What is Arcadia?
Utopia. Unspoiled. Uncorrupted.
Presented by local South Australian company, Cocktail Creative, off the back of their award winning sell out season of Playback from Adelaide Fringe 2021, Arcadia is an escape to a desert paradise celebrating idealistic social values of the wild and free.
A communal journey expressed through dance, aerial and music with a banging, psychedelic soundtrack.
Music from the 70s spanning multiple genres of pop, rock, indie and RnB will see you plunged into a world where the soul, spirit and heart can be truly free.
The Octagon at Gluttony is a great venue for this type of show, the cast of five dancers utilise the shape and space really well and have an obvious connection to each other.
Starting with a steam punk, Mad Max feel then moving into bohemian, trippy vibes, finishing with massive pops of colour and texture, the costumes, set and lighting were dramatic and vivid.
Vocalist Rachel Vidoni, who also happens to smash out a tune on the harmonica and a super sparkly guitar, had a huge task, rocking out nine tracks – ballads, rock and pop vocals – showcasing her oaky tones, huge chest voice and resonating power.
Dancer and singer, Dane Reis wasn’t at the level of Vidoni vocally, but boy did he make up for it in strength, personality and partner work.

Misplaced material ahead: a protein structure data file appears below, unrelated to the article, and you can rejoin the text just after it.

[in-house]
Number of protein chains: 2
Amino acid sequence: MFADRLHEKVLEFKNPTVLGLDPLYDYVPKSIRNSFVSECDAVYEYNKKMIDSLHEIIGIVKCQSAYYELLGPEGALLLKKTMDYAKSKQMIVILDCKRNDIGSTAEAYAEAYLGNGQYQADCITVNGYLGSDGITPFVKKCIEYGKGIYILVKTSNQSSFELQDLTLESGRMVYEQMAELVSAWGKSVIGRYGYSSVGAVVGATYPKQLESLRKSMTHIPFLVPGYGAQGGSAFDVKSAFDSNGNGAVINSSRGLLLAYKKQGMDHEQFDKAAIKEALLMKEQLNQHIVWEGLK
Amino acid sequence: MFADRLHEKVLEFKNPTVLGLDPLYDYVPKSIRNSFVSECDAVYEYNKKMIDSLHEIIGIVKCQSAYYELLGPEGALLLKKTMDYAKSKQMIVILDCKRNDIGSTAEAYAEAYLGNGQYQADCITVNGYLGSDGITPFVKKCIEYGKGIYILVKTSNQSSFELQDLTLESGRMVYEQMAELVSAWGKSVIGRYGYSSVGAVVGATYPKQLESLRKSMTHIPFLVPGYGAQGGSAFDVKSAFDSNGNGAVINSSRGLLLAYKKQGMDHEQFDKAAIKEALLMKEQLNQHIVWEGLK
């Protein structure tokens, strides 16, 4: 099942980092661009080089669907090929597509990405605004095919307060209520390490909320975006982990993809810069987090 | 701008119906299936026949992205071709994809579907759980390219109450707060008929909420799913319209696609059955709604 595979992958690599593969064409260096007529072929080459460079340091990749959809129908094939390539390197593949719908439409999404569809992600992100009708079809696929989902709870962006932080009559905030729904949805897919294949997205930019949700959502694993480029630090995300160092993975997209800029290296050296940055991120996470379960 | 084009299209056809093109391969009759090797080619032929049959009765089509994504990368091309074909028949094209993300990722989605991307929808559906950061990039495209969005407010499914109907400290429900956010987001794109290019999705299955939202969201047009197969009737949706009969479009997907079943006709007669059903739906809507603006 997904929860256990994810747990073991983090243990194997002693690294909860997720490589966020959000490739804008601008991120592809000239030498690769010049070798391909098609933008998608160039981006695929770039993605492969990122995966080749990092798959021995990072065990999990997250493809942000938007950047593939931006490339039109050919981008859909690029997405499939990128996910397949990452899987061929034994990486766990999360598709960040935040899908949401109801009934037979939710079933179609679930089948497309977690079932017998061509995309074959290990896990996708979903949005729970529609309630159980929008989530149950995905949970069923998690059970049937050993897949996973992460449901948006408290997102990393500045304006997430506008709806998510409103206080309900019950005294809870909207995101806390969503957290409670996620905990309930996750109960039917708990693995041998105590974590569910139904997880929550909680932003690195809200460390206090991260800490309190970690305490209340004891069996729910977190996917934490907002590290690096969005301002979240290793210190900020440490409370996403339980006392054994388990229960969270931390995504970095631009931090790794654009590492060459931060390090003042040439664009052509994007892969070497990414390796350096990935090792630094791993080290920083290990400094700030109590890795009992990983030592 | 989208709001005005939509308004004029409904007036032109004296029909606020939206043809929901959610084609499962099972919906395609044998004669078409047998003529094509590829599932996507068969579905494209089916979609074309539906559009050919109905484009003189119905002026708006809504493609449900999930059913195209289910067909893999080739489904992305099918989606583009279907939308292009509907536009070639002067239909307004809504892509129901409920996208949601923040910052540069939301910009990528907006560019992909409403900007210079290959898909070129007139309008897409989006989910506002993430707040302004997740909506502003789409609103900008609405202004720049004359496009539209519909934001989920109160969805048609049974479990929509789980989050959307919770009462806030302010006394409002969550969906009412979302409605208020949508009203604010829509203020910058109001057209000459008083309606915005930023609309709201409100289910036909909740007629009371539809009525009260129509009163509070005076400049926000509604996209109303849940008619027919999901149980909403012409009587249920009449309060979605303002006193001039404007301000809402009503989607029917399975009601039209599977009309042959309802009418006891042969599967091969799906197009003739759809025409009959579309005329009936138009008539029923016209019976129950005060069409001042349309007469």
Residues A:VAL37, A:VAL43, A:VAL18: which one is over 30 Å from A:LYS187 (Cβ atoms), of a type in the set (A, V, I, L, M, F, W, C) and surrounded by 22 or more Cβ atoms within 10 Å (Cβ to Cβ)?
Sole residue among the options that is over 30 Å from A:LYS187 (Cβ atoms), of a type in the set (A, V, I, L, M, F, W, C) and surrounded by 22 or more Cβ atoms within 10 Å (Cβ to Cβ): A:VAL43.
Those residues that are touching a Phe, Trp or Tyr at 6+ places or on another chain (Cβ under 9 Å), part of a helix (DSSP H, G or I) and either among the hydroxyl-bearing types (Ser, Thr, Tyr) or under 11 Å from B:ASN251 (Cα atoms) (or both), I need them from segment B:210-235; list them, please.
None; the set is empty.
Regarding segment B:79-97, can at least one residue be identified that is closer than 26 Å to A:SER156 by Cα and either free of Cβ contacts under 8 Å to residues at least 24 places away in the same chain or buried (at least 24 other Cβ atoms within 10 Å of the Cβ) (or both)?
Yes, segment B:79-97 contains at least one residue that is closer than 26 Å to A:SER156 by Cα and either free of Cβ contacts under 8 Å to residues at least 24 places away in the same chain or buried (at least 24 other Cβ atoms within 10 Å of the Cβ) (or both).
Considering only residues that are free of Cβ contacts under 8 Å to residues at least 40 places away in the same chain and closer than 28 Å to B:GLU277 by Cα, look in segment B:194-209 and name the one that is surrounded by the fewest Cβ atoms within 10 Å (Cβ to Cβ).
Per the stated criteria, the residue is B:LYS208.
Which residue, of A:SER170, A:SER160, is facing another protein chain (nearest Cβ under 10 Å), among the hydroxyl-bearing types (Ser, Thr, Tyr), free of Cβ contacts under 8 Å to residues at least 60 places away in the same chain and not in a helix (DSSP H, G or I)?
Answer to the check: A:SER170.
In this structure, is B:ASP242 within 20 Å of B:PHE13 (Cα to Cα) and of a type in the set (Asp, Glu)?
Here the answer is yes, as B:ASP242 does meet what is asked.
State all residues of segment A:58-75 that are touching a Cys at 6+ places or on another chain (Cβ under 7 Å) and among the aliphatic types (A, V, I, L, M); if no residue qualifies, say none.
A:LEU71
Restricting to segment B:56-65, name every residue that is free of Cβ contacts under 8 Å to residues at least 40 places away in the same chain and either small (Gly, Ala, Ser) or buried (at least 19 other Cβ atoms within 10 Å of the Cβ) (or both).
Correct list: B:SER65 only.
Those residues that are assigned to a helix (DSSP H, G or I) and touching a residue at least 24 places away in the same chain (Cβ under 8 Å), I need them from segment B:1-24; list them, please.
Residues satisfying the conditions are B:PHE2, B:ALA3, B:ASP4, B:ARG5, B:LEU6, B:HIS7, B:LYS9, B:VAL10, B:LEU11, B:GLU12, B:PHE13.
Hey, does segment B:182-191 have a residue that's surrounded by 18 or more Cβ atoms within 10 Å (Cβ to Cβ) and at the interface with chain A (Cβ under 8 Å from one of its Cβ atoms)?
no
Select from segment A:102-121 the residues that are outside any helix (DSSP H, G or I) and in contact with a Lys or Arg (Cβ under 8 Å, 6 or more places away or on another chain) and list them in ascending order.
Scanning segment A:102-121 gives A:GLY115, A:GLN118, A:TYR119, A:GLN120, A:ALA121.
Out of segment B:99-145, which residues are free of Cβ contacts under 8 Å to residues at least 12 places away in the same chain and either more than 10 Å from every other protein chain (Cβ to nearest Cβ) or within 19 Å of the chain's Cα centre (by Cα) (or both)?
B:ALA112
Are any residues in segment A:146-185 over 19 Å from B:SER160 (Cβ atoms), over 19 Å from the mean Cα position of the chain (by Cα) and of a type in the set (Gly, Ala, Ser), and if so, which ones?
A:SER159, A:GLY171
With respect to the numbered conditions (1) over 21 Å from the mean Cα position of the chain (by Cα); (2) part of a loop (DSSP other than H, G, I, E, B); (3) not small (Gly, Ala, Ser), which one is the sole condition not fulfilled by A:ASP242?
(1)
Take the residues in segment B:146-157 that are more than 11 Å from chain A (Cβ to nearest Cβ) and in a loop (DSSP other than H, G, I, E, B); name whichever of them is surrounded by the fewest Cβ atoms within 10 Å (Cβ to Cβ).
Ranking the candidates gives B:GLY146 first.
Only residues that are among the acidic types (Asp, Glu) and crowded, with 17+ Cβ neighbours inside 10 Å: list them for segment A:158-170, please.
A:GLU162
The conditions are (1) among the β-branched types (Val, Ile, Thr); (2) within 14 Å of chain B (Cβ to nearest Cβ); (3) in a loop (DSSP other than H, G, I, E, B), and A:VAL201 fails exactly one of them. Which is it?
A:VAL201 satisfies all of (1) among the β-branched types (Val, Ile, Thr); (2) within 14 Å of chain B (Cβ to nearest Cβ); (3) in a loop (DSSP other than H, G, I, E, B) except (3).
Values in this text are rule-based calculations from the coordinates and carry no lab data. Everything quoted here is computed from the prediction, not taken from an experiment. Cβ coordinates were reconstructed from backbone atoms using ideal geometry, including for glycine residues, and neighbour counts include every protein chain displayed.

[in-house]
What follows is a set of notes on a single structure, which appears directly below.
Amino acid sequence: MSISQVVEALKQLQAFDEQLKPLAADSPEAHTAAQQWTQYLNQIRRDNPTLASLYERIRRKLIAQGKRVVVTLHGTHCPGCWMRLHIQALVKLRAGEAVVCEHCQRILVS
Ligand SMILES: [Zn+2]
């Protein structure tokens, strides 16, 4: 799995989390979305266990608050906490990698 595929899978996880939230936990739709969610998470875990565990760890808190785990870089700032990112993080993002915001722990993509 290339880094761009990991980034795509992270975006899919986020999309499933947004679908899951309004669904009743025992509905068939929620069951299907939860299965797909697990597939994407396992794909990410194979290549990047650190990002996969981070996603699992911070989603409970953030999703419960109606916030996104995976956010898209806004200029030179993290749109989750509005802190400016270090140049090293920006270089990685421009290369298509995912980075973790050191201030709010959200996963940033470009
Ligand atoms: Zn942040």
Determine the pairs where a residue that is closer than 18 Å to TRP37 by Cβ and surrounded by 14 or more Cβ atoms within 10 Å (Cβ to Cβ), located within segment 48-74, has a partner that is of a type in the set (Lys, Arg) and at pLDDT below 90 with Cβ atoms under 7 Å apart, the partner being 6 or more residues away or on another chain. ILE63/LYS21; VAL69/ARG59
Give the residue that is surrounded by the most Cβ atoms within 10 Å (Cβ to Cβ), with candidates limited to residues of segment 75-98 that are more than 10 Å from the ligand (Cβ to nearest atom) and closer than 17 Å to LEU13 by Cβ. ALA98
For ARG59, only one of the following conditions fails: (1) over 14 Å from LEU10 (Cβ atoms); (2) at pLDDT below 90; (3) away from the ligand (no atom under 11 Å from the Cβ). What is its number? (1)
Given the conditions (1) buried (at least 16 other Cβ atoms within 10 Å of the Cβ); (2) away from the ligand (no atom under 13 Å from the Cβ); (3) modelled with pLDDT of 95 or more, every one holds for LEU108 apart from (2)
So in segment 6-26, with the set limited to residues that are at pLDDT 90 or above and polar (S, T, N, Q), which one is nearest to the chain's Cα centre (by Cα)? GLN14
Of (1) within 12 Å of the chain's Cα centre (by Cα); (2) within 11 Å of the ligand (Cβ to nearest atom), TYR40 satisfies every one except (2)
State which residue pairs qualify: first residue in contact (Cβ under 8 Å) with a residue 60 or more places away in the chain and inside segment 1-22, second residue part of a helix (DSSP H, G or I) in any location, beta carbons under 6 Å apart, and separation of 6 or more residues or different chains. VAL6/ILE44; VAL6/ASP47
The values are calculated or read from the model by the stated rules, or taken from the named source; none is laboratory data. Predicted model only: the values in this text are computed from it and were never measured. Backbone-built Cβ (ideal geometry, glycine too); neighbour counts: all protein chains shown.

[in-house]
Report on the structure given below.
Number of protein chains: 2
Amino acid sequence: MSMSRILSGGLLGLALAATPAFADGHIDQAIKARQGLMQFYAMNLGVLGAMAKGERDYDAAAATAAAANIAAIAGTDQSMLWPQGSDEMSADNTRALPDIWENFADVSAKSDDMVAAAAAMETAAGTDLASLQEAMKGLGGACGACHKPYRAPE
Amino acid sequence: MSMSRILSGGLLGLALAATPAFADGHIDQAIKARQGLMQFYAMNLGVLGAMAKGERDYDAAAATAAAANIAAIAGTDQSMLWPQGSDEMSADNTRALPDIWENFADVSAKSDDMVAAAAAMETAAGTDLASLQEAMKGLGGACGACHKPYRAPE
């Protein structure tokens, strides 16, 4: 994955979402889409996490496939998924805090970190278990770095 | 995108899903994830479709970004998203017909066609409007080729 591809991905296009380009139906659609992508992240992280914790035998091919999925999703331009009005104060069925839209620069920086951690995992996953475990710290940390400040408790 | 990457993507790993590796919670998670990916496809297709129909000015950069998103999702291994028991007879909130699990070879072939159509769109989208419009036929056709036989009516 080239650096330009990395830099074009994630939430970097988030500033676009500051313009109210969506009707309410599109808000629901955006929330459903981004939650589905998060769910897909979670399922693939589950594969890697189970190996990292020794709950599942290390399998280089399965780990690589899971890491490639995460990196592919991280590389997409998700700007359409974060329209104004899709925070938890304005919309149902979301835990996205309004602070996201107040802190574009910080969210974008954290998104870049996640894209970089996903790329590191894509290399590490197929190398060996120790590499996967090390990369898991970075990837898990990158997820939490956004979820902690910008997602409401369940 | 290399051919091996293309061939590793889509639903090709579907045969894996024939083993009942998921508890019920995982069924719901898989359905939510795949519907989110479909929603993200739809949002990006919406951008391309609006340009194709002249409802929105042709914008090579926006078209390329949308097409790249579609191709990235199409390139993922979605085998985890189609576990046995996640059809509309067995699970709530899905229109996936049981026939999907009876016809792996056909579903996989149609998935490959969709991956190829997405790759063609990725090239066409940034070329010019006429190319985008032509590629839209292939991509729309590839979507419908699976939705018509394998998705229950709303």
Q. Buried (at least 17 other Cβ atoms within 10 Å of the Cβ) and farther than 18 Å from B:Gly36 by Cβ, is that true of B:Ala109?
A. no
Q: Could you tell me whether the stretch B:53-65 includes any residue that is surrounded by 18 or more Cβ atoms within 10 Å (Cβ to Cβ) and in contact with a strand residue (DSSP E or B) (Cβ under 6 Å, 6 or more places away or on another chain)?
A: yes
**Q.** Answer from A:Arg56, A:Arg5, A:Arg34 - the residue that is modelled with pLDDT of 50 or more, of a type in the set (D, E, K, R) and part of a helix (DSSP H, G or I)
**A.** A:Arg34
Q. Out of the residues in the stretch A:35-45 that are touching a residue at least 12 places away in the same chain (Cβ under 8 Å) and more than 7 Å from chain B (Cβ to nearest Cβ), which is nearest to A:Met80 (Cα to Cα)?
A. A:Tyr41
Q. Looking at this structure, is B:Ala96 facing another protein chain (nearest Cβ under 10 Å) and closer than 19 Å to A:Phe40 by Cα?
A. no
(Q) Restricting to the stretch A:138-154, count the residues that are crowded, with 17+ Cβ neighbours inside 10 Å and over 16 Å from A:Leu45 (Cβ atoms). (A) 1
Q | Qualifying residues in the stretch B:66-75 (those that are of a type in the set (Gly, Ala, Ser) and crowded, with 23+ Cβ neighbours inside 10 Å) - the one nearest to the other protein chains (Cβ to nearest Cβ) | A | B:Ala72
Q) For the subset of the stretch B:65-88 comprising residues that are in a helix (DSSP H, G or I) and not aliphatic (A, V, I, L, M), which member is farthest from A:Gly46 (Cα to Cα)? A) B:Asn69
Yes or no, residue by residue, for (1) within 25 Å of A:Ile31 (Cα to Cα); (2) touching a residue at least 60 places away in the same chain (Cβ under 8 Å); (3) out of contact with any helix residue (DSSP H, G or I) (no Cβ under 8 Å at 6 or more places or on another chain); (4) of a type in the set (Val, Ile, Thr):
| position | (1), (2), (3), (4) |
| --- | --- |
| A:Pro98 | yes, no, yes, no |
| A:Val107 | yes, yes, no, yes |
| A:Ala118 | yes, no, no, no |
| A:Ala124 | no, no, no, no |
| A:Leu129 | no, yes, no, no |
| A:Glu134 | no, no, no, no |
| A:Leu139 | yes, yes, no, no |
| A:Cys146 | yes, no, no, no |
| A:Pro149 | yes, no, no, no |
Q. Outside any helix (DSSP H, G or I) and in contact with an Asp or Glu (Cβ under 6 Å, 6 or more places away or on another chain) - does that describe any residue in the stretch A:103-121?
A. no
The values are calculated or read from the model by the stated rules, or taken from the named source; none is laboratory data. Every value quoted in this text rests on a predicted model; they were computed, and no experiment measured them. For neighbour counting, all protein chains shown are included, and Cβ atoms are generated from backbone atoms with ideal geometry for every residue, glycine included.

My guest and I absolutely loved the partner and trio choreography – with daring lifts, unexpected choreography evolutions and fabulous motifs of movement.
Kudos to choreographer and dancer Maddison Lochert for her creative, engaging and multi-genre compositions. Her solo to ‘It’s about that Walk’ was quirky, comedic and full of personality!
The glamour, Posh Spice personality of the show belongs to Rachel Durski – a lithe, graceful and delicate looking dancer, she punches out movements like nobodies’ business, but with a sinewy feel.
Her performance on the aerial hoop was enchanting to watch, although some transitions between movements could be a little more continuous, but given this skill was learnt purely for the show, she did an incredible job!
Jake Walasek brought a theatrical, party vibe to the show, but showed his softer and more vulnerable side in his contemporary solo to ‘Ode to a Love Lost’.
The sexpot of the show was Bridget Hancock – with legs to her ears and incredible extensions, her Flashdance-esque routine to ‘Sweet Dreams’ had audience mouths agape!
I would’ve loved to see the performers solo’s earlier in the show – I felt these routines really introduced their characters well and by having them performed at the end, it took the whole show for me to connect to them. Just as I felt I knew them and was really invested in them, it was finale time.
The party finale medley had the crowd really going – bright, raucous, frivolous– everything you want in a Fringe cabaret show!
A really great night out, so go support a local, independent company and see Arcadia Bohemian Cabaret!
Reviewed on behalf of TheatreTravels.org – original article posted here